"This comprehensive collection of the poetry of C.J. Dennis includes poems from The Sentimenal Bloke, Jim of the Hills,
Digger Smith, The Glugs of Gosh, Ginger Mick, Blackblock Ballads, The Book for Kids and Doreen.
"The selection has been made, and is introduced, by Dennis' biographer, Alec H. Chisholm. Mr Chisholm has aimed at
achieving a truly representative selection, one which displays Dennis' versatility as well as his skill.
"Dennis is, of course, best known as the author of The Sentimental Bloke, the master of 'slanguage'. He also
wrote, however, as well as other vernacular verse tales, bush ballads, the lilting fantasy The Glugs of Gosh,
and many merry and melodious verses for children. Examples of all these are included here.
"Selected Verse of C.J. Dennis is a thoroughly entertaining volume, the poet's verses occasionally complemented
by an original Hal Gye illustration. Those readers already familiar with Dennis' verse will regain the joy of former
readings; new readers will be captivated by its robust humour, human tenderness and extraordinary skill in rhyming."
A REAL AUSTRALIAN AUSTRA-LAISE
THE SONGS OF A SENTIMENTAL BLOKE
A Spring Song
The Stoush o'Day
The Mooch o' Life
THE MOODS OF GINGER MICK
The Call of Stoush
The Singing Soldiers
A Letter to the Front
A Gallant Gentleman
ROSE OF SPADGERS
The Faltering Knight
A Holy War
The Knight's Return
A Woman's Way
Over the Fence
A Digger's Tale
Half a Man
JIM OF THE HILLS
A Morning Song
THE GLUGS OF GOSH
The Glug Quest
Joi, the Glug
The Stones of Gosh
Sym, The Son of Joi
The Growth of Sym
The Swanks of Gosh
The Rhymes of Sym
The First Rhyme of Sym
The Second Rhyme of Sym
The Last Rhyme of Sym
The Little Red Dog
The Ant Explorer
Going to School
An Old Master
The Silent Member
The Bridge Across the Crick
A Song of Rain
Hymn of Futility
THE SINGING GARDEN
The Indian Myna
The Satin Bower-Bird
First Paragraph from the Introduction:
Was there ever an autobiography, in fact or fiction, prose or verse, that opened in more forthright fashion than does the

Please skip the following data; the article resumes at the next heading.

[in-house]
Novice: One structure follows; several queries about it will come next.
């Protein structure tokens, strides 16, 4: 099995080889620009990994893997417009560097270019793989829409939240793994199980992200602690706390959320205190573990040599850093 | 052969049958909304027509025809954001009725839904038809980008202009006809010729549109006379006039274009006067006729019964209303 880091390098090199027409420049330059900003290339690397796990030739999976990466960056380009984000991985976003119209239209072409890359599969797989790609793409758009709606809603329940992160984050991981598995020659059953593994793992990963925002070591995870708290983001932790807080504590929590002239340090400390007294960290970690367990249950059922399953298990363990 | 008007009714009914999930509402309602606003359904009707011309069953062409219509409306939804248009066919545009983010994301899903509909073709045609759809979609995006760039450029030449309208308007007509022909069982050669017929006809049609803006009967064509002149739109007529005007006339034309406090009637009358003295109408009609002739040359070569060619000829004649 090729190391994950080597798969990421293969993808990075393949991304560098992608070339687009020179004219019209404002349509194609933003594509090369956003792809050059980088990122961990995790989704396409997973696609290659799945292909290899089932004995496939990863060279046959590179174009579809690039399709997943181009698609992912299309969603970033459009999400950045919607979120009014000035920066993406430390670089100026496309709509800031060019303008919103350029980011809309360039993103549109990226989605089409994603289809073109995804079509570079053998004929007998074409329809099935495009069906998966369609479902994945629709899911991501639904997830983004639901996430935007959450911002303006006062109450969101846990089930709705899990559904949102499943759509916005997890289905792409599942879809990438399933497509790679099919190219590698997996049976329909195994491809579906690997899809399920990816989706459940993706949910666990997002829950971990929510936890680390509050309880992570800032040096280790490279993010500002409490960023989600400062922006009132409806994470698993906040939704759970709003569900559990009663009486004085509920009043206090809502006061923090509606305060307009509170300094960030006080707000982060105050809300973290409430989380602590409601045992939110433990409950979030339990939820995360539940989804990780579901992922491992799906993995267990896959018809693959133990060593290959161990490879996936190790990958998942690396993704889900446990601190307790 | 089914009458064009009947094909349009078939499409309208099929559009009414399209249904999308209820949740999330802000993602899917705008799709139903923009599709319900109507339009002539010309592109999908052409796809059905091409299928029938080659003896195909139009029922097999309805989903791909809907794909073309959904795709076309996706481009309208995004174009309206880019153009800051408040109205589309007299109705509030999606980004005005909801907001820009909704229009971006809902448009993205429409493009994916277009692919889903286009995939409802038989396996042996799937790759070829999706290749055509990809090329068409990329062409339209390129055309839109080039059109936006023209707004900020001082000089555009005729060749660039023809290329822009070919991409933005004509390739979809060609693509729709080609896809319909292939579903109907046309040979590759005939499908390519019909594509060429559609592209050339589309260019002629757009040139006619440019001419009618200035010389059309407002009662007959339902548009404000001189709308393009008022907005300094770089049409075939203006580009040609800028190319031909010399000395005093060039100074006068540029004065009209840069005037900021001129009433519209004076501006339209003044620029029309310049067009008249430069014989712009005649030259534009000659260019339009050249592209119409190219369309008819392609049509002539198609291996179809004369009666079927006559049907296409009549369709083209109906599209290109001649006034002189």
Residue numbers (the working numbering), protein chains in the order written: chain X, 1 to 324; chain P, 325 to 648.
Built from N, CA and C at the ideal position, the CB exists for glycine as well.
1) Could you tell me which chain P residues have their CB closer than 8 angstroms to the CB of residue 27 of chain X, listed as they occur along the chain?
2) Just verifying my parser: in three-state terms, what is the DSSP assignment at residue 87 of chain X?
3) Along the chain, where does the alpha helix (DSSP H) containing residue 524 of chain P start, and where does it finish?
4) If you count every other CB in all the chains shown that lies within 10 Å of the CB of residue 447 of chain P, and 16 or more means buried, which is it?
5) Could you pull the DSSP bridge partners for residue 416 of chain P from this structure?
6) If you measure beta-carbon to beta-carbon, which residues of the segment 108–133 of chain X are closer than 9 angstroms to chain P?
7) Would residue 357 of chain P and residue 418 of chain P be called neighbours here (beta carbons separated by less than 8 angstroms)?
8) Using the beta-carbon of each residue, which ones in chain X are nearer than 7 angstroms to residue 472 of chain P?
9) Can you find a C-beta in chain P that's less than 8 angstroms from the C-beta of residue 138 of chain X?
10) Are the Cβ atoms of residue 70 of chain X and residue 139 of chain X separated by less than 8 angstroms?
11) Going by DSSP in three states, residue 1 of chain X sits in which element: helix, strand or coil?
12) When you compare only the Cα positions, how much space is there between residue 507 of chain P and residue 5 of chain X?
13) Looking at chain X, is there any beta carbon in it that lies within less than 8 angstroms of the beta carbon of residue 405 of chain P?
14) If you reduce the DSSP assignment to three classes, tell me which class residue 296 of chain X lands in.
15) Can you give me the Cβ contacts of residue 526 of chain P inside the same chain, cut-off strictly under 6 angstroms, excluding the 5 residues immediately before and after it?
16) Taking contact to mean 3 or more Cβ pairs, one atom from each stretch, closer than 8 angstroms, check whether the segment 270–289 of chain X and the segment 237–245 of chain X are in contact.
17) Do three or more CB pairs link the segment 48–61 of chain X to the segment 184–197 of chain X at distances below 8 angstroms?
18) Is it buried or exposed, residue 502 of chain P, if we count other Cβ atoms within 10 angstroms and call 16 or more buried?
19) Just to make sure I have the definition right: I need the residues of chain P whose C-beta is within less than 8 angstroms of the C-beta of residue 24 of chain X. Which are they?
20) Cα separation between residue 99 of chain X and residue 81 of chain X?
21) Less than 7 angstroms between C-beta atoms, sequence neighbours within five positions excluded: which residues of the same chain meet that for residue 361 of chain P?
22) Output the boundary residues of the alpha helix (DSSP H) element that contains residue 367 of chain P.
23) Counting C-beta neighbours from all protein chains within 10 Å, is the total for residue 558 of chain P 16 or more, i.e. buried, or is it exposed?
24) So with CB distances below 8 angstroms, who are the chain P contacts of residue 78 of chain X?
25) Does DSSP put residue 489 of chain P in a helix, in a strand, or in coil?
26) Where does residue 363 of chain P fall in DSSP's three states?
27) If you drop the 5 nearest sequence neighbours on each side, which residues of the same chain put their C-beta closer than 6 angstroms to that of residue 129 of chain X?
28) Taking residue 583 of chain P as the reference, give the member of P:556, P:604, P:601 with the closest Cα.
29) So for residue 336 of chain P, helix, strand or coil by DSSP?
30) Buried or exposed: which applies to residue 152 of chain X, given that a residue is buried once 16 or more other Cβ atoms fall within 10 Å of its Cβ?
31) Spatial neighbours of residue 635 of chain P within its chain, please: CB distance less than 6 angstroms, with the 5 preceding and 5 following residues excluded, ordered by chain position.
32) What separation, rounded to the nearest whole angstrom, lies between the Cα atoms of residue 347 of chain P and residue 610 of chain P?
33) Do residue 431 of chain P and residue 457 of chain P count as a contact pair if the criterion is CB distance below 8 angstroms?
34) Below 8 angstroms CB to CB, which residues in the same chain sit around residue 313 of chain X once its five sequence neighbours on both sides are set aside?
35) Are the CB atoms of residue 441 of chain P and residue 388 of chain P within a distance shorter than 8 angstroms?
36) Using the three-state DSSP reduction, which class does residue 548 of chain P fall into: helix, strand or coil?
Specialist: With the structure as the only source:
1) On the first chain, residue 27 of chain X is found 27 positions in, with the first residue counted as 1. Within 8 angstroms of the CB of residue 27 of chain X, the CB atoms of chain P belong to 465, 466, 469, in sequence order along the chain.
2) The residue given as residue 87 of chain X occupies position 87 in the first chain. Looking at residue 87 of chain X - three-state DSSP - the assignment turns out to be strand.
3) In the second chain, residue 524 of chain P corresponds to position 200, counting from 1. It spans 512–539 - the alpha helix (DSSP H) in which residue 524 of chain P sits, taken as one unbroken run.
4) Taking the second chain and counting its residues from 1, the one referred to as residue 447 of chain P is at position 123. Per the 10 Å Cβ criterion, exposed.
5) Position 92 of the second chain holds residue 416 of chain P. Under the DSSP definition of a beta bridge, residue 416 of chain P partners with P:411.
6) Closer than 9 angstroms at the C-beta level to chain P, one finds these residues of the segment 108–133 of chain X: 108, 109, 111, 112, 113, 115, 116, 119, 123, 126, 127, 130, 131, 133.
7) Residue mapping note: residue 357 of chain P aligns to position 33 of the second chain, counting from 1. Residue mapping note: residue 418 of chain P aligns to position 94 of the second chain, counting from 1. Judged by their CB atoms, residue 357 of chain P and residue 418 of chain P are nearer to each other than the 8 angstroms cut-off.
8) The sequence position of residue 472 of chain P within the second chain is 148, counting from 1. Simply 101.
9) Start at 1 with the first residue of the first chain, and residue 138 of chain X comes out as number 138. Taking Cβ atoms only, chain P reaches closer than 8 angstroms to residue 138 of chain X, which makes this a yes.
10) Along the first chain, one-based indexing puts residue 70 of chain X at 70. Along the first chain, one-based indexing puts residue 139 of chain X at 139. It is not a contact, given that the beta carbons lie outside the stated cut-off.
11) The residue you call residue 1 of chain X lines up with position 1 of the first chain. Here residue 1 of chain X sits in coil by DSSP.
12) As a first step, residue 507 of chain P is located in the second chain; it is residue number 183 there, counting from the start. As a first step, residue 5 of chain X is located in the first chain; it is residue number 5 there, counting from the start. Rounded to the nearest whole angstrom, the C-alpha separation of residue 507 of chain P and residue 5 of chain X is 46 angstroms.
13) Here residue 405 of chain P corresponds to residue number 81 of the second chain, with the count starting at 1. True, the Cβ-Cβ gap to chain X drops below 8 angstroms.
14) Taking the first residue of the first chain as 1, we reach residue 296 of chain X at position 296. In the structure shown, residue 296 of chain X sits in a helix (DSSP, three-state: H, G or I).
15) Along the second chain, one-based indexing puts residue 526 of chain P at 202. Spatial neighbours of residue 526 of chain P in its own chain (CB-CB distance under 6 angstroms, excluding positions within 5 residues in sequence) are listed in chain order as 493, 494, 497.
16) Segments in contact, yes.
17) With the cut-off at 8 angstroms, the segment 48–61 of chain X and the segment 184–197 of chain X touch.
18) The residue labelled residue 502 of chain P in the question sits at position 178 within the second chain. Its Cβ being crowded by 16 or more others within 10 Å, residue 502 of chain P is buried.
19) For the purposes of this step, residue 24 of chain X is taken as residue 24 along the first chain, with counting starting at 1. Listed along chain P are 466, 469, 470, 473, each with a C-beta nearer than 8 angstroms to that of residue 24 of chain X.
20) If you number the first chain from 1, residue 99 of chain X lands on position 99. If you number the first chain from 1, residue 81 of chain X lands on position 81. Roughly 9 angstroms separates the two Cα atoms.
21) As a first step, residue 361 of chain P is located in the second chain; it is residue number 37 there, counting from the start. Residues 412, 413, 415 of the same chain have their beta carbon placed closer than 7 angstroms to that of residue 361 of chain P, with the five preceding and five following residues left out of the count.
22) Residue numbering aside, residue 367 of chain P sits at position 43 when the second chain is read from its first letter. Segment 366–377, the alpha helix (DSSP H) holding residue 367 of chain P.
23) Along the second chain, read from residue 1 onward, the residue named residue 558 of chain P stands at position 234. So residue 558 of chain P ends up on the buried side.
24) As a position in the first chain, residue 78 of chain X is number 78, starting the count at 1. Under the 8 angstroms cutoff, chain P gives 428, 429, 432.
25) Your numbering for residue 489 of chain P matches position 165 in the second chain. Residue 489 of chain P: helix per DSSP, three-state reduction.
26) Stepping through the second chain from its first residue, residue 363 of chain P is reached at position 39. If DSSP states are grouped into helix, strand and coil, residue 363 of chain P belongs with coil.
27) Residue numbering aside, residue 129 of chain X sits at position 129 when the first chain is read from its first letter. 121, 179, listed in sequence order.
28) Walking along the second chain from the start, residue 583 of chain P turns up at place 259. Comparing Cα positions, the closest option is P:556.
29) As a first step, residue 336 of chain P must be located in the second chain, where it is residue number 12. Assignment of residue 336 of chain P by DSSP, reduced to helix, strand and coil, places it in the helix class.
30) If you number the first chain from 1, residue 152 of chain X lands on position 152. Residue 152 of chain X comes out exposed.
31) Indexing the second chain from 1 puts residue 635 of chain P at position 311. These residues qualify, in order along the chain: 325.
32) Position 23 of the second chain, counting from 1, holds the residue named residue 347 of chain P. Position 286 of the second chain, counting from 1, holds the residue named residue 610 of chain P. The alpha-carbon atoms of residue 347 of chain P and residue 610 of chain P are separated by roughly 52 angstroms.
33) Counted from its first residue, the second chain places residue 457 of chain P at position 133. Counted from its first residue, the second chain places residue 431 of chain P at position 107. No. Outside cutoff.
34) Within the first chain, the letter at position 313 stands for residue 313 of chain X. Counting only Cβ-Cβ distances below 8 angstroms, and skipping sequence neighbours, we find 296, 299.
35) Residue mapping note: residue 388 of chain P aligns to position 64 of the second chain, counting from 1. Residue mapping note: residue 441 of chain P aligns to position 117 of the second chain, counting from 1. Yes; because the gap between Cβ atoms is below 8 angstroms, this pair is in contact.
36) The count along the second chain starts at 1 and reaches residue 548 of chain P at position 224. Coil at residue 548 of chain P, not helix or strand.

tale of Australia's Sentimental Bloke, as presented by C. J. Dennis:
The world 'as got me snouted jist a treat;
Crool Forchin's dirty left 'as smote me soul;
An' all them joys o' life I 'eld so sweet
Is up the pole!
The Bloke - known also as the Kid and Bill - was obviously at odds with the whole universe when he made that poignant
complaint. But, of course, his condition was no novelty. Many a man before him had developed a fervent grouch against
the world at large. Similar feelings had been expressed, for example, by another "Bill" of a much earlier day - one
When in disgrace with fortune and men's eyes
I all alone beweep my outcast state,
And trouble deaf heaven with my bootless cries,
And look upon myself, and curse my fate.
If the language of the Shakespearian sonnet is rather more chaste than that of the Dennis song, the two expressions are
impressively alike in substance. (They bear in fact the same relationship as do Hamlet's claim, "There's a divinity that
shapes our ends", and the Bloke's crisp remark, "It's 'ow Gawd builds a bloke".) They are, moreover, alike in having a
flavour of factual autobiography. That is to say, Dennis himself was in trouble with "Forchin's dirty left"
just as often as Shakespeare was "in disgrace with fortune and men's eyes", and, no doubt, he found relief at times, as
Shakespeare apparently did, in causing his spirit to "rail on Lady Fortune in good terms" - if only to prove that the
clouds were usually followed by sunshine.
From the Angus and Robertson hardback edition, 1975.